I noticed having my phone on the bedside table was becoming an easy way to start the day in a bad mood. Now, I sleep without my phone, making it easier to slow my mornings down. Making a cup of tea or coffee, reading through 10 pages of a book, and baking bread are just some of the ways I’m able to spend my mornings now, as opposed to spending hours on my phone in bed. More generally, I’m using this time to write music.
I’m connecting with my extended family via video call where we have dinner together at the same time once a week. My friends and I also catch up during the week over video call, using apps like Tabletopia, Jackbox TV, and Houseparty.
The main anchor in my life is my Christian faith with which I’m part of a community of wildly different people, all united by the same journey as everyone else. I would encourage those going through similar circumstances to not feel shame or guilt over any decisions you need to make that may be perceived as ‘failing’ or ‘not being enough’ in the eyes of society. This is a time where radical decisions are having to be made and your wellbeing needs to be prioritised over your social status. It’s okay not to be okay, reach out to your trusted loved ones.
I am trying to look at all the positives of the situation –it’s helping everyone to learn to slow down, in our society we are always busy, running the rat race, and trying to fill in our time. So this is a great opportunity to slow down, unwind, relax, and reflect on what is most important in life.
I make sure that I end my study at 5pm so that I can separate study time from relaxation time. Then in the afternoon I can focus on new hobbies or prepare yummy meals for dinner or do a nice yoga class to quieten down my mind after staring at a computer doing research all day. It’s also been such a good opportunity to get a proper 8-hour sleep and recharge my batteries.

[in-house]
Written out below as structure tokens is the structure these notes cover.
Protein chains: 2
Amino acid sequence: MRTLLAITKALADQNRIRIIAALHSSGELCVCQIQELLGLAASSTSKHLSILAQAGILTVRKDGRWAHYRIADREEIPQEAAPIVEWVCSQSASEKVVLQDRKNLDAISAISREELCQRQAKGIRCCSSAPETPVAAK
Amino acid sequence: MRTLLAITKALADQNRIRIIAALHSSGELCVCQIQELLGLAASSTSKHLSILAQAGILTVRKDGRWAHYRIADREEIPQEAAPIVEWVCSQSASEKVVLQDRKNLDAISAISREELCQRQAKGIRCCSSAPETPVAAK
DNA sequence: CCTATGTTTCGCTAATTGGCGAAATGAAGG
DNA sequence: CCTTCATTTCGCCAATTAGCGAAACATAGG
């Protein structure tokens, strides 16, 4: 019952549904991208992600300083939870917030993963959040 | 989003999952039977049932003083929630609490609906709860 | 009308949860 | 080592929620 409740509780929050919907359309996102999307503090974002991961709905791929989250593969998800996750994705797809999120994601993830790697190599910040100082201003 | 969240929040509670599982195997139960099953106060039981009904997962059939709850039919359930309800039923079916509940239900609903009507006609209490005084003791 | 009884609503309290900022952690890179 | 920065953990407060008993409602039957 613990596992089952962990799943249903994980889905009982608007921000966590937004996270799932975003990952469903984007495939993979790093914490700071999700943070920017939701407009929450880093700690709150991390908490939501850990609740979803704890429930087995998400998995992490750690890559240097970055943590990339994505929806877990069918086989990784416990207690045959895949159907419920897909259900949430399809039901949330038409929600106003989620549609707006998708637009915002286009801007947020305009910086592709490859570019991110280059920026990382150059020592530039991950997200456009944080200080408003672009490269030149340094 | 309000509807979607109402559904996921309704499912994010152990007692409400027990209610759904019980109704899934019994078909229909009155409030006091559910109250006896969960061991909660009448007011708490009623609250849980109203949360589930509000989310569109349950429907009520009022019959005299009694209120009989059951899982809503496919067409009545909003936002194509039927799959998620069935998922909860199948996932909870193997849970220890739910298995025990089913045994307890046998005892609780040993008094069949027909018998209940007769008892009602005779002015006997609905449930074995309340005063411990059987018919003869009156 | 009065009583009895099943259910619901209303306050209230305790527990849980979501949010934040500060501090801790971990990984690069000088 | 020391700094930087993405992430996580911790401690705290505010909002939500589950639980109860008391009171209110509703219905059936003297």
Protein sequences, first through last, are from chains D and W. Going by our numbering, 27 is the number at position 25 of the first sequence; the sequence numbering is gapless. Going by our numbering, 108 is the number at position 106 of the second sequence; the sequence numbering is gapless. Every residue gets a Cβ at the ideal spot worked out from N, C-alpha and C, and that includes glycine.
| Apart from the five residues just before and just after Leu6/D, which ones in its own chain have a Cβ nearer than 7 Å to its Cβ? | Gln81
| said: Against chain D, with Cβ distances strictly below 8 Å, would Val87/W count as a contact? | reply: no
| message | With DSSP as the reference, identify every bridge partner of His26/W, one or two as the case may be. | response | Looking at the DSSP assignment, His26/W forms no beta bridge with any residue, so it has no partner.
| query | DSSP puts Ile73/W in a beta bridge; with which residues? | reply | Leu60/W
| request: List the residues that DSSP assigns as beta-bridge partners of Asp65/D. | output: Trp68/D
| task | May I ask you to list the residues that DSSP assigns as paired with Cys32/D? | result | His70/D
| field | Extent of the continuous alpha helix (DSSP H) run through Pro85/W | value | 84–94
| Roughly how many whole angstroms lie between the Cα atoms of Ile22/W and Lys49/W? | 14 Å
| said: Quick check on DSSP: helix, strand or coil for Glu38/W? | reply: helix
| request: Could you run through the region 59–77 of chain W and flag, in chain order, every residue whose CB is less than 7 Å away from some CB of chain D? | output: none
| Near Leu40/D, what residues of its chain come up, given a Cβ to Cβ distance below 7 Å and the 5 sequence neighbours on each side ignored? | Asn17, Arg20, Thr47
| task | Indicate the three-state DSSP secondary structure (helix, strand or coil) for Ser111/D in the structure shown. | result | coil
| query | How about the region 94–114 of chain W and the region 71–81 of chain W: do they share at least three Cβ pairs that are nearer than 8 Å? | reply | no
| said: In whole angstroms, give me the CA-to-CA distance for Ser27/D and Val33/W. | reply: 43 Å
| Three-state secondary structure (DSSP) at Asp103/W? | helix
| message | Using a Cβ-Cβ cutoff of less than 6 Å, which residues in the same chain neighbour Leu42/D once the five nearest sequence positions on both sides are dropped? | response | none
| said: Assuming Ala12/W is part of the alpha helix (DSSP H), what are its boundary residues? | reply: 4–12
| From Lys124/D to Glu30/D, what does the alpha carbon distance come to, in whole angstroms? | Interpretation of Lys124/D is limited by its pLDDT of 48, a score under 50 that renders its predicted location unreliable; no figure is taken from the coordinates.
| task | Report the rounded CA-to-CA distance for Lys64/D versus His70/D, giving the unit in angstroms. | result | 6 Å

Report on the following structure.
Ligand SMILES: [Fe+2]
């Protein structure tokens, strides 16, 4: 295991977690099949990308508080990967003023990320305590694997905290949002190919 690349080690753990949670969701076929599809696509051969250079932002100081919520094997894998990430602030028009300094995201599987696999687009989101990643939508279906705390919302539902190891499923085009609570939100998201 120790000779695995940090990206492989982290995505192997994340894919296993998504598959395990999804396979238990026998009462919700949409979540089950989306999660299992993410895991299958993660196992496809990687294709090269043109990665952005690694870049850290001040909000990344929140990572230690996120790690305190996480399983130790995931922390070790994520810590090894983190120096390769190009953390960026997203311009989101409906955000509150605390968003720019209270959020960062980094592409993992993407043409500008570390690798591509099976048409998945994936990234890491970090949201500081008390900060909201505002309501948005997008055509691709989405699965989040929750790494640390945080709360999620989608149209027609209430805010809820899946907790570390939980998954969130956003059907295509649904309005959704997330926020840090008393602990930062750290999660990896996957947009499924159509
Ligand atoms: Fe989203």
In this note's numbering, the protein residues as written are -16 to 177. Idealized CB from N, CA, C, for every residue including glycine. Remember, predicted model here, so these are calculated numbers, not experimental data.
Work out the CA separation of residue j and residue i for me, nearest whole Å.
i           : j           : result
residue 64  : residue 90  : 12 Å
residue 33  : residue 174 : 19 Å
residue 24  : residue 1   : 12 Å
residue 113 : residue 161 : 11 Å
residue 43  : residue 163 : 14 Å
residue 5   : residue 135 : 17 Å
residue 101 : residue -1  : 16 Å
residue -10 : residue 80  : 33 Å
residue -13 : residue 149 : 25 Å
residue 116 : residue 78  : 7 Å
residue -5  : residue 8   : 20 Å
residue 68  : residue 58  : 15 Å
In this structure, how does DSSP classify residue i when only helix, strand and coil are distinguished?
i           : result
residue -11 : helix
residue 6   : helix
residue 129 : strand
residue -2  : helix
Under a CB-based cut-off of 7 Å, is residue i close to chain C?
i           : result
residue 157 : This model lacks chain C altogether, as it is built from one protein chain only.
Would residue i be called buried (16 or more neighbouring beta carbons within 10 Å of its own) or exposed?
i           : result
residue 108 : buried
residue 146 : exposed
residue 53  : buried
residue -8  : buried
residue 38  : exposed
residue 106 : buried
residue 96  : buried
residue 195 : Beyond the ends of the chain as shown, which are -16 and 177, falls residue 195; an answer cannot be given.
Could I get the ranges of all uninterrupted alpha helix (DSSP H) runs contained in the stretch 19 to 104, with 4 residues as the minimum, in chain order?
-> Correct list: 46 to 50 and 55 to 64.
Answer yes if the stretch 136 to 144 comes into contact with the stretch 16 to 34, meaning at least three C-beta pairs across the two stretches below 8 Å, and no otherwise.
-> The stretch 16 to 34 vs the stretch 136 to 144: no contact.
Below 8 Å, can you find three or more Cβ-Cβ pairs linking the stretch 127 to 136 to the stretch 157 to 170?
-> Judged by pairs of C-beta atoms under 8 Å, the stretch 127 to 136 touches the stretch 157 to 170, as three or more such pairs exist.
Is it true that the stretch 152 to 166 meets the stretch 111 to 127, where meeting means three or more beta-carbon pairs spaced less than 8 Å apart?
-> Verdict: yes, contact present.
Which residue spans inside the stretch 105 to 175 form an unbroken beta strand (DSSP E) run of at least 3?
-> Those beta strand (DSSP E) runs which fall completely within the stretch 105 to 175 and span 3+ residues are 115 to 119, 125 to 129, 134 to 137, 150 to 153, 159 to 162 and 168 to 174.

I definitely never spent much time in the kitchen before. I’d just eat on the go and cook whatever was most convenient. Now I have the time, I’m definitely experimenting more in the kitchen which is lots of fun. I made pasta from scratch – there was flour everywhere! The self-isolation time has enabled me to focus more on my research in my honours year of psychology without trying to juggle work and other things as well. My brother and I have also decided to learn a language together – ciao mi chiamo Meg (hello, my name is Meg).
My anchor person during this bizarre situation is my grandma. She is 90-years-old and because of the COVID-19 situation has to stay inside all the time. She has always shown unwavering love and support. When I was in the depths of my eating disorder she would go to the library and read books so that she could be better informed on what to say that would be helpful rather than triggering for me during my recovery.
Now, during this situation, I call her every day to make sure she doesn’t feel lonely and she in turn is always checking in to make sure I am going okay. My daily phone calls with her always make me feel grounded. I like to listen to her stories of when she was growing up and hearing how she went through struggles such as during the wartime, and what they did to keep themselves entertained.
The last time I saw my psychologist was still in person but we did talk about moving to virtual sessions. I was nervous about this and didn’t like the idea of having to talk in my bedroom whilst my family is in the house. However, I know that not seeing her would be a lot worse for my mental health. I am very grateful that there is all this extra technology such as email and zoom calls because it makes me not feel alone during this time and I know that I am always supported.
If you’re in need of mental health support, please call Lifeline on 13 11 14 or Kids Helpline on 1800 55 1800.
For resources and up-to-date information for COVID-19 in Australia, check out health.gov.au, call the Coronavirus Health Information Line on 1800 020 080 or speak to your GP.